Association between general and central adiposity in childhood, and change in these, with cardiovascular risk factors in adolescence: prospective cohort studyBMJ 2010; 341 doi: https://doi.org/10.1136/bmj.c6224 (Published 26 November 2010) Cite this as: BMJ 2010;341:c6224
- Debbie A Lawlor, professor of epidemiology12,
- Li Benfield, research associate12,
- Jennifer Logue, clinical lecturer in metabolic medicine3,
- Kate Tilling, reader in statistics2,
- Laura D Howe, research associate12,
- Abigail Fraser, research fellow12,
- Lynne Cherry, research staff3,
- Pauline Watt, research staff3,
- Andrew R Ness, professor of epidemiology4,
- George Davey Smith, professor of epidemiology12,
- Naveed Sattar, professor of metabolic medicine3
- 1MRC Centre for Causal Analyses in Translational Epidemiology, University of Bristol, Bristol BS8 2BN, UK
- 2School of Social and Community Medicine, University of Bristol, Bristol
- 3Institute of Cardiovascular and Medical Sciences, BHF Glasgow Cardiovascular Research Centre, University of Glasgow, Glasgow
- 4Department of Oral and Dental Science, University of Bristol, Bristol
- Correspondence to: D Lawlor
- Accepted 14 September 2010
Objectives To examine the prospective associations between body mass index (BMI), waist circumference, and fat mass in childhood and cardiovascular risk factors at age 15-16.
Design Prospective cohort study.
Setting Avon Longitudinal Study of Parents and Children.
Participants 5235 children aged 9-12 at start of study.
Main exposures BMI, waist circumference, and fat mass determined by dual energy x ray absorptiometry, assessed at age 9-12 and at age 15-16.
Main outcome measures Systolic and diastolic blood pressure and concentrations of fasting glucose, insulin, triglycerides, low density lipoprotein cholesterol, and high density lipoprotein cholesterol assessed at age 15-16.
Results In girls a 1 SD greater BMI at age 9-12 was associated with cardiovascular risk factors at age 15-16 in fully adjusted models: odds ratio 1.23 (95% confidence interval 1.10 to 1.38) for high systolic blood pressure (≥130 mm Hg); 1.19 (1.03 to 1.38) for high concentration of low density lipoprotein cholesterol (≥2.79 mmol/l); 1.43 (1.06 to 1.92) for high concentration of triglycerides (≥1.7 mmol/l); 1.25 (1.08 to 1.46) for low concentration of high density lipoprotein cholesterol (<1.03 mmol/l); and 1.45 (1.22 to 1.73) for high concentration of insulin (≥16.95 IU/l). Equivalent results in boys were 1.24 (1.13 to 1.37) for systolic blood pressure; 1.30 (1.07 to 1.59) for low density lipoprotein cholesterol; 1.96 (1.51 to 2.55) for triglycerides; 1.39 (1.22 to 1.57) for high density lipoprotein cholesterol, and 1.84 (1.56 to 2.17) for insulin. BMI was associated with high fasting glucose (≥5.6 mmol/l) only in boys (1.18, 1.03 to 1.36). With these binary outcomes there was statistical evidence that associations differed between girls and boys for fasting glucose (P=0.03) and insulin (P<0.001). When risk factors were examined as continuous outcomes there was evidence for stronger associations of BMI with more adverse levels in boys than girls for fasting insulin, glucose, and triglyceride concentrations (all interaction P≤0.03). BMI, waist circumference, and fat mass were all strongly correlated with each other (r=0.89-0.94), and associations of the three with cardiovascular outcomes were of similar magnitude with statistical evidence of consistency in associations (all P>0.2 for heterogeneity). When waist circumference or fat mass or both were added to models including BMI they did not increase the variation in cardiovascular risk factors already explained by BMI and confounders alone. Girls who were overweight/obese at age 9-12 but were normal weight by 15-16 had similar odds of adverse levels of risk factors to those who were normal weight at both ages. In boys odds of high systolic blood pressure, high concentrations of triglycerides and insulin, and low concentrations of high density lipoprotein cholesterol remained higher in this group compared with those who were normal weight at both ages but were lower than in those who remained overweight/obese at both ages.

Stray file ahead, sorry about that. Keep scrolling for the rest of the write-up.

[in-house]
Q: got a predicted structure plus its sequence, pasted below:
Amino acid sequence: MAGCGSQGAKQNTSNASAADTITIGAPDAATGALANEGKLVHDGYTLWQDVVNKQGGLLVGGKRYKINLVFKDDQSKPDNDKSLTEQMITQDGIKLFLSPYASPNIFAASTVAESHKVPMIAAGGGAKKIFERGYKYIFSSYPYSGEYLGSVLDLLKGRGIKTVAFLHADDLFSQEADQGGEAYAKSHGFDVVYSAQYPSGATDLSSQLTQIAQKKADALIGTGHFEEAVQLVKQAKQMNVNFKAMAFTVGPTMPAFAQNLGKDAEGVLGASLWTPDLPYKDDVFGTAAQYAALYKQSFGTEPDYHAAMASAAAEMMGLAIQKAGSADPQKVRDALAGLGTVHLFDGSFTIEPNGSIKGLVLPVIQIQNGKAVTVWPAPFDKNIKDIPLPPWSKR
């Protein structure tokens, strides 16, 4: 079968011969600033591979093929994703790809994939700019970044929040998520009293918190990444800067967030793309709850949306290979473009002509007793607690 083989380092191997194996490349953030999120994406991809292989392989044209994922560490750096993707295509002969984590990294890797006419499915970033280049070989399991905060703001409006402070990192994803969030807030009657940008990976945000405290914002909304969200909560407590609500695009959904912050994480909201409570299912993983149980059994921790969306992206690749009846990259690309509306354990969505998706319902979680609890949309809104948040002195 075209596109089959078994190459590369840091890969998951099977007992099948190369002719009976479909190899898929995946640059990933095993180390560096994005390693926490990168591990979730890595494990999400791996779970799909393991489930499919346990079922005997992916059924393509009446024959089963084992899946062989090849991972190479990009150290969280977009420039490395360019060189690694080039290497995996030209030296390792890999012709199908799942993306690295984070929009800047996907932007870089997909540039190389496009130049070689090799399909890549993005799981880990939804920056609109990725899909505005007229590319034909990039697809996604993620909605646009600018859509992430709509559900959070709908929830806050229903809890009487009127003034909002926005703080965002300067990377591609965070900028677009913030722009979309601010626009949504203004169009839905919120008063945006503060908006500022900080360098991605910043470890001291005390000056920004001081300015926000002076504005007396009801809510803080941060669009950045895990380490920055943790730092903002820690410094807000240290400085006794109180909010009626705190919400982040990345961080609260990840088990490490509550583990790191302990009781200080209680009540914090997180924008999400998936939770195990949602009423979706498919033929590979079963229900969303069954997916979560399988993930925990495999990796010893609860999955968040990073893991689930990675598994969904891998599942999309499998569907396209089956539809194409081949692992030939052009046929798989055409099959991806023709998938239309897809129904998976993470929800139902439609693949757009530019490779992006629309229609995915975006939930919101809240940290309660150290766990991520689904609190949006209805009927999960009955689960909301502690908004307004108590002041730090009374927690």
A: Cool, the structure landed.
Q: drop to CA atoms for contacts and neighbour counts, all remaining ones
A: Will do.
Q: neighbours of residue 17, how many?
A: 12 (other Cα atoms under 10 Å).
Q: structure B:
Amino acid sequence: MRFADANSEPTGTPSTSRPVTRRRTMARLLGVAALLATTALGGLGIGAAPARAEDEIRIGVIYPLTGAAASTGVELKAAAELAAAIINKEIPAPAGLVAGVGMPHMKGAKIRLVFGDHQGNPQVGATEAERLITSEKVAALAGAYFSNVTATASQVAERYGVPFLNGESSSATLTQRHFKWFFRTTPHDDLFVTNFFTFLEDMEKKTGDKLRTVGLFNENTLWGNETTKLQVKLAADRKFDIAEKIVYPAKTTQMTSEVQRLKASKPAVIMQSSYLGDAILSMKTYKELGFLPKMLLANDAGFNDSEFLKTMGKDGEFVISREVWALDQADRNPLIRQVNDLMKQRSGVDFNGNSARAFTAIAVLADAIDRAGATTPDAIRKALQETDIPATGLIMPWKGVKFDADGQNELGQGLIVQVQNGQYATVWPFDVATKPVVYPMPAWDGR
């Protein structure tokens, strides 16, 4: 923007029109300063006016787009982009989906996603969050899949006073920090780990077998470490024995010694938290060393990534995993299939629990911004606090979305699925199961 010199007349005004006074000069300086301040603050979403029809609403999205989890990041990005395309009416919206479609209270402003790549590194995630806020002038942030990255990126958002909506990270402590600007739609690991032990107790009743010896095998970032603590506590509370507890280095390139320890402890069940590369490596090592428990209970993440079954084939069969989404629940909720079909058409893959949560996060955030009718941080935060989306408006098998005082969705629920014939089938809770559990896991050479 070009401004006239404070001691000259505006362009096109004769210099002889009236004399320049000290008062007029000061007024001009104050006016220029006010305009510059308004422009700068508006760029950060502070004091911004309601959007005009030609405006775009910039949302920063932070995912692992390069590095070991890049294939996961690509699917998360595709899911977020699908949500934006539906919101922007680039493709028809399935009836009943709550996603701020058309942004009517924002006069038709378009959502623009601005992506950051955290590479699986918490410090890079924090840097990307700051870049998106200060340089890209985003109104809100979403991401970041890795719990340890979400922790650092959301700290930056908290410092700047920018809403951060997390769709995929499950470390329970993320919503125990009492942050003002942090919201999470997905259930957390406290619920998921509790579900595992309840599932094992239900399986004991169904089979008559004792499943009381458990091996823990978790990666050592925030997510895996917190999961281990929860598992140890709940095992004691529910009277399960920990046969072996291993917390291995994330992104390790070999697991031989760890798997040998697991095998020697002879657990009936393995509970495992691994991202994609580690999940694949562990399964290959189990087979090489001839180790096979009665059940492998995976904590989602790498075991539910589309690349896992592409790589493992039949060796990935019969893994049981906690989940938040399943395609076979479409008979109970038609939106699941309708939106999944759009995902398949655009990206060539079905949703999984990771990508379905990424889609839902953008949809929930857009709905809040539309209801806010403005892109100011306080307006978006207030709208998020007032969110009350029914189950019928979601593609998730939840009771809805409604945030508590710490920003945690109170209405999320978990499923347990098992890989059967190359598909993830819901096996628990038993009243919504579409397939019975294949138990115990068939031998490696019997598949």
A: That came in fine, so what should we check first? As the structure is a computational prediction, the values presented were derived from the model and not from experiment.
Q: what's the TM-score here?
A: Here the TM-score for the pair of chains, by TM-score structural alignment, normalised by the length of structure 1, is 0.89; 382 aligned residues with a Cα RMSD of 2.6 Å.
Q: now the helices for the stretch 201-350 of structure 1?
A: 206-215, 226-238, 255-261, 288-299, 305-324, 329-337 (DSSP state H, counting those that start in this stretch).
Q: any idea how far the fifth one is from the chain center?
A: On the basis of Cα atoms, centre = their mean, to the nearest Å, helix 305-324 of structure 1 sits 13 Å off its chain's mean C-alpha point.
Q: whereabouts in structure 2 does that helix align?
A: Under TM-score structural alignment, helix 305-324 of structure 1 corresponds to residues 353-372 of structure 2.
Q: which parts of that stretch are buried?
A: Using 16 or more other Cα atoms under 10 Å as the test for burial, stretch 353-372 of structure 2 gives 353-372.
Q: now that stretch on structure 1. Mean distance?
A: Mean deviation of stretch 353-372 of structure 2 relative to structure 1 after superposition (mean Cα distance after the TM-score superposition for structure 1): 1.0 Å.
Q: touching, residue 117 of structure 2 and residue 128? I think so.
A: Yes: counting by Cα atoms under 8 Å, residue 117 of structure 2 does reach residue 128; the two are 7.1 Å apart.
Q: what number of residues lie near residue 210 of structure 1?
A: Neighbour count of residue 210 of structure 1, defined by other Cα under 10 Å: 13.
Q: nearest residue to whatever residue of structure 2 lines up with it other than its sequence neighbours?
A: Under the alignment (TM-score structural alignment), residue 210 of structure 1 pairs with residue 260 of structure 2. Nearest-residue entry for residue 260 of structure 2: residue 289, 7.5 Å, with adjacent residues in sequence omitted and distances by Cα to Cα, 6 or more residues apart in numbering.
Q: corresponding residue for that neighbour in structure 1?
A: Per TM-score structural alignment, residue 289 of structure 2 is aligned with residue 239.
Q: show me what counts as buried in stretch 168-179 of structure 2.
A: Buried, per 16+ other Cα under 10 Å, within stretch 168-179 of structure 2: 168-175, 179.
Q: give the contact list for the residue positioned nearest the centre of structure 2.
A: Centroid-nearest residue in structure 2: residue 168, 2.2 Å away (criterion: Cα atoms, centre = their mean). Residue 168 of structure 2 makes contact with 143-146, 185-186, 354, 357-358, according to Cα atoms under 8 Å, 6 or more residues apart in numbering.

Conclusions Measurements of waist circumference or directly assessed fat mass in childhood do not seem to be associated with cardiovascular risk factors in adolescence any more strongly than BMI. Girls who favourably alter their overweight status between childhood and adolescence have cardiovascular risk profiles broadly similar to those who were normal weight at both time points, but boys who change from overweight to normal show risk factor profiles intermediate between those seen in boys who are normal weight at both ages or overweight at both ages.